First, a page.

Sunday, July 25, 2010

The Case for Hatred and the Power of Forgiveness.

Hatred exists; therefore, it must have a purpose, right? Maybe, even if its only purpose is to make love possible, since everything requires its opposite in order to function ...yin/yang sort of thing.

However, more than likely, hatred exists in order to protect us from harm as we've evolved through time. It's hard to distinguish between anger and hatred; except to say that anger is usually a reaction to a situation, an individual/ group of people, or frustration, whereas hatred could be defined, not so much as a reaction, but as a result of not allowing our angry reaction to die. Hatred is more calculating, conscious, and long-term.

Hate occurs when we refuse to let go of our anger that was aroused by a feeling of being wronged in some way. Instead of forgetting our angry experience(s), we engage our mental capacity to retain and revive facts, events, impressions, etc., and recall previous situations that triggered those angry feelings. Hatred, therefore, serves a very important purpose because at certain times/situations, self-preservation requires that we passionately remember our anger.

The bottom line: there is no avoiding this overwhelming feeling. We must, as sentient creatures, decide if and when hatred is appropriate, and if not, we must figure out how to transcend these strong feelings that are hard-wired into our brains from birth. It's not an easy task.

Not to long ago, sitting in traffic, I was thinking about a "friend" who had double-crossed me. The more I thought about it, the angrier I became. As my anger and "hatred" (or what I thought was hatred) of this person increased, I was all set to do something I should have done a long time ago to protect myself from financial hardship.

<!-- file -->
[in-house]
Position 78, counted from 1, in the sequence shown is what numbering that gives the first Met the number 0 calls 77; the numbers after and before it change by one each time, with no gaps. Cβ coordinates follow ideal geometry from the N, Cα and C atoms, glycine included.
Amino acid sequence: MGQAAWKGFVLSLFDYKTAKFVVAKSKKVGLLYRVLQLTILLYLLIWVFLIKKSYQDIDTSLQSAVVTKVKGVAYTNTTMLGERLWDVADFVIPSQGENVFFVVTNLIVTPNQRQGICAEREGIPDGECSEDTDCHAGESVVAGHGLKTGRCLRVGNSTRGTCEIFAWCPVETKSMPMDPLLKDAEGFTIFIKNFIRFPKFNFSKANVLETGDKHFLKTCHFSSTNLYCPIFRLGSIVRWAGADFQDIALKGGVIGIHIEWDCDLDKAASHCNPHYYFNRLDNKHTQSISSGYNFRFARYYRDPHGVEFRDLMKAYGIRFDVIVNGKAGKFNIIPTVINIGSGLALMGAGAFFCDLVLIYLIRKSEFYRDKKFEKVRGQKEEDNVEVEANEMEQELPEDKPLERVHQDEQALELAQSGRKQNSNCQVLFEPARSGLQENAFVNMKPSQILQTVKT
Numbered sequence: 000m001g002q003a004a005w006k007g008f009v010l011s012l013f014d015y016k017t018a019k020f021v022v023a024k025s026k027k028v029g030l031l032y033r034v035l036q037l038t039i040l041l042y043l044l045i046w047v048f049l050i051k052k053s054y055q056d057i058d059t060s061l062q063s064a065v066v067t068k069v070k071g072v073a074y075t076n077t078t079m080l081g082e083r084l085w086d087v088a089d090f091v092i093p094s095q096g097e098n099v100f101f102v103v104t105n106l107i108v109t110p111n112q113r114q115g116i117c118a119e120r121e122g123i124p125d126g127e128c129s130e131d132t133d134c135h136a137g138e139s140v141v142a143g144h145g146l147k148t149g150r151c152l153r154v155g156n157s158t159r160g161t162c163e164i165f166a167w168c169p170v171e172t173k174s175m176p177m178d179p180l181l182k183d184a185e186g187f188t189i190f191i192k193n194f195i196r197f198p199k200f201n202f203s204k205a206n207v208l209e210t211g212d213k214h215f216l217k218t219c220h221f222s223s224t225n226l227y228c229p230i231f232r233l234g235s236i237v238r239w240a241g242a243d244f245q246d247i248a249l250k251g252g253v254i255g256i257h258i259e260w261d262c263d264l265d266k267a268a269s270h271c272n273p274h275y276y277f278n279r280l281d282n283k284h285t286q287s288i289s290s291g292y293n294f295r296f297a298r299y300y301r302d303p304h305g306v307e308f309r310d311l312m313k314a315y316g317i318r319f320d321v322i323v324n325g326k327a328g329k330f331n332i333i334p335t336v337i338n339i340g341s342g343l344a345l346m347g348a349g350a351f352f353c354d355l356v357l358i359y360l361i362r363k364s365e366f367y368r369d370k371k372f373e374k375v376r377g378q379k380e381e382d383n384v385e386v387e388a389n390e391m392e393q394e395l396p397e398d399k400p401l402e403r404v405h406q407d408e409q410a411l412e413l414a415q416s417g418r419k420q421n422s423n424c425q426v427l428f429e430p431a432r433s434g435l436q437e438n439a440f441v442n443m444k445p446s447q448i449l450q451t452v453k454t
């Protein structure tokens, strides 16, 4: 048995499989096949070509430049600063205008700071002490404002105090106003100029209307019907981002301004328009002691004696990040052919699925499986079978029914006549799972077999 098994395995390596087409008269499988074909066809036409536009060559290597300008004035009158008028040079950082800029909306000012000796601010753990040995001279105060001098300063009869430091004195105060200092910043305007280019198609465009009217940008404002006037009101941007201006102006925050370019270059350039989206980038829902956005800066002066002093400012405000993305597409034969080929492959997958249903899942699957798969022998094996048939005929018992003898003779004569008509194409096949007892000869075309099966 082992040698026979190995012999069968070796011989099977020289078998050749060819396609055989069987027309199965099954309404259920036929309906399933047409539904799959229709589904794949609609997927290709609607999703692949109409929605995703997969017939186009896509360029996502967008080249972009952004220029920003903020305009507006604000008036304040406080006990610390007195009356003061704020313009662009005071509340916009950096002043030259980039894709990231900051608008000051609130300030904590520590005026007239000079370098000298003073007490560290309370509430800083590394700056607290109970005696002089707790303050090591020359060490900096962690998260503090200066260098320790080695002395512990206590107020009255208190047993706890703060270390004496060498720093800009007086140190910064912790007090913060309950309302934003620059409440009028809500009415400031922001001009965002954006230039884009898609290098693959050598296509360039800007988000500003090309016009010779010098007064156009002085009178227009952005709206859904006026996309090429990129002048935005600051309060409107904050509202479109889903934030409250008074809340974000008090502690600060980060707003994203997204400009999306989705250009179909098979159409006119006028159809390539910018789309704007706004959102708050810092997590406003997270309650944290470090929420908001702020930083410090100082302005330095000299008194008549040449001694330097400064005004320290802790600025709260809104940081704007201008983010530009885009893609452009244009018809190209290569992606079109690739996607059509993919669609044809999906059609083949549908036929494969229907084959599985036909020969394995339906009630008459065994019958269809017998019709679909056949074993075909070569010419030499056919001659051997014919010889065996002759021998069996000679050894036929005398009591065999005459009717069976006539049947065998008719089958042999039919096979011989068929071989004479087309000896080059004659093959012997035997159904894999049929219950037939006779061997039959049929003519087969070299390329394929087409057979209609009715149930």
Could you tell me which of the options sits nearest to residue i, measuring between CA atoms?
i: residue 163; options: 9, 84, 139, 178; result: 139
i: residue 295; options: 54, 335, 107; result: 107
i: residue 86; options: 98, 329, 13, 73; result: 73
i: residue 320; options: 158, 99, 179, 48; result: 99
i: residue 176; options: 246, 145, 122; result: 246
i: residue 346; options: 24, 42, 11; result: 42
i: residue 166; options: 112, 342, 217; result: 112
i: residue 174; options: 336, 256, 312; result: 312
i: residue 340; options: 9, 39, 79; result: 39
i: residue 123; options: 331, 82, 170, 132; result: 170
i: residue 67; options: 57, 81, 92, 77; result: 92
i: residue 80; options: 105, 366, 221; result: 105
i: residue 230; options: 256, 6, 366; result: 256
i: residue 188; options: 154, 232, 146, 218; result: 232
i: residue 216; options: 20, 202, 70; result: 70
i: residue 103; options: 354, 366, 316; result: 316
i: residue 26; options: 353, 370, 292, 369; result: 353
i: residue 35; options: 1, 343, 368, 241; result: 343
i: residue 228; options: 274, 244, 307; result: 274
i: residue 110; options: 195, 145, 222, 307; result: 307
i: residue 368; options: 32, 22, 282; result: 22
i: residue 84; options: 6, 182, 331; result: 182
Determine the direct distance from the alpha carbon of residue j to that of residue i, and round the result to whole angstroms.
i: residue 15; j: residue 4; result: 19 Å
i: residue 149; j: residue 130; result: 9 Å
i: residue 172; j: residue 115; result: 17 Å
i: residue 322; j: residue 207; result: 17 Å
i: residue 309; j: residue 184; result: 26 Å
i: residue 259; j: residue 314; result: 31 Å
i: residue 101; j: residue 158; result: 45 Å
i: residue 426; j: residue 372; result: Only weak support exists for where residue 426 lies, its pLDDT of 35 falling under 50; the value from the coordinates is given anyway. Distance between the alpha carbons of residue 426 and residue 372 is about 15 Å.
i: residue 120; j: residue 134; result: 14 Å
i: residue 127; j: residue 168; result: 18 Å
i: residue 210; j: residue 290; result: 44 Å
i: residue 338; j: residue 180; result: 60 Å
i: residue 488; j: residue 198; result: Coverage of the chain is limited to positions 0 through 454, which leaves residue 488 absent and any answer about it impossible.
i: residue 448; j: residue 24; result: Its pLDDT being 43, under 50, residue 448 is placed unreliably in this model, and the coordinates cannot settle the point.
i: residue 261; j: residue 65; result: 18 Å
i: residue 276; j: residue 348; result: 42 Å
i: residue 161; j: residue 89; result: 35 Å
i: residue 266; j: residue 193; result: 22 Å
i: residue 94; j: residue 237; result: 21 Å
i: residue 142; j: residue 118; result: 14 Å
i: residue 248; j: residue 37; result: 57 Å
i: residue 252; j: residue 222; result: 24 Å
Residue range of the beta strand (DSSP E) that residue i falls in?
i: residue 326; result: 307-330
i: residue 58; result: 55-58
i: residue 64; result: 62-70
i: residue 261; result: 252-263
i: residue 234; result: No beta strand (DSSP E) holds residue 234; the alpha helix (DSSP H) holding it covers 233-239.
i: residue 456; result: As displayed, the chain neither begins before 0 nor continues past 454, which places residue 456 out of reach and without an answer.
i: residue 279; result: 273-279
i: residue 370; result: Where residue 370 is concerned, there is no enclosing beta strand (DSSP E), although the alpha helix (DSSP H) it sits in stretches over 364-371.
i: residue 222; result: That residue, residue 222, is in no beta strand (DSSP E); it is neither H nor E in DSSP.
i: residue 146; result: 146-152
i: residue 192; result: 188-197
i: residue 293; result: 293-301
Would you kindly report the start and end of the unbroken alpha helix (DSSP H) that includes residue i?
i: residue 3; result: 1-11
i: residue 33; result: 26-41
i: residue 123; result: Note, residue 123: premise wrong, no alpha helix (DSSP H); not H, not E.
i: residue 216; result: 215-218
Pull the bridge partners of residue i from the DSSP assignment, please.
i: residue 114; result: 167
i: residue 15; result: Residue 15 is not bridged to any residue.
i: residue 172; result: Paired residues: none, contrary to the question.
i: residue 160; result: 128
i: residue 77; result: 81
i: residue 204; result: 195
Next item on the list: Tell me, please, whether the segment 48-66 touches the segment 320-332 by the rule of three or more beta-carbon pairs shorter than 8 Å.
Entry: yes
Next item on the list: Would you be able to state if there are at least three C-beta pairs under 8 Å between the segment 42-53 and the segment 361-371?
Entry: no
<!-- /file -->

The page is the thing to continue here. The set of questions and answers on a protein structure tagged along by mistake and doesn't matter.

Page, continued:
Then, as I listened to Hector's story, A Father Finds Peace in Forgiving Daughter's Killer on NPR's StoryCorps on the radio, all of my anger and hatred dissipated. After all, Hector, who had every reason in the world to hate ended up forgiving the man who murdered his daughter. What right did I have to my hatred and anger? By the time, I reached my destination, my desire to act provoked by my malevolent feelings had evaporated, for better or worse, and I did not act. In this specific situation with this specific person, I think it worked out for the best, but in different circumstances, with different "actors" letting go of the hatred that provoked me to act may have sealed an unfortunate ending.

Anger, all by itself, may not be enough in some cases, because anger has its limits and once the angry reaction wears off, what then?

Extreme situations, when life becomes almost impossible, such as when a person or a group of people is literally smothering under oppressive circumstances; hatred could serve as indispensable, motivating people to do what is necessary to either save their lives or escape the crushing conditions they are experiencing.

An African American writer about prisoners:

‘It’s easy for folks who have enough to eat, homes, land, work, to preach about forgiveness. But is it fair to preach it to people living in hellholes, jobless, starving? Are they to forgive the fat well-fed millions who voted for their starvation? Who voted for war? Who voted for prisons? Who voted for a people’s repression? Who wish, in their heart of hearts, that those people had never been born? Should the starving forgive the repression to come, the genocide to come?’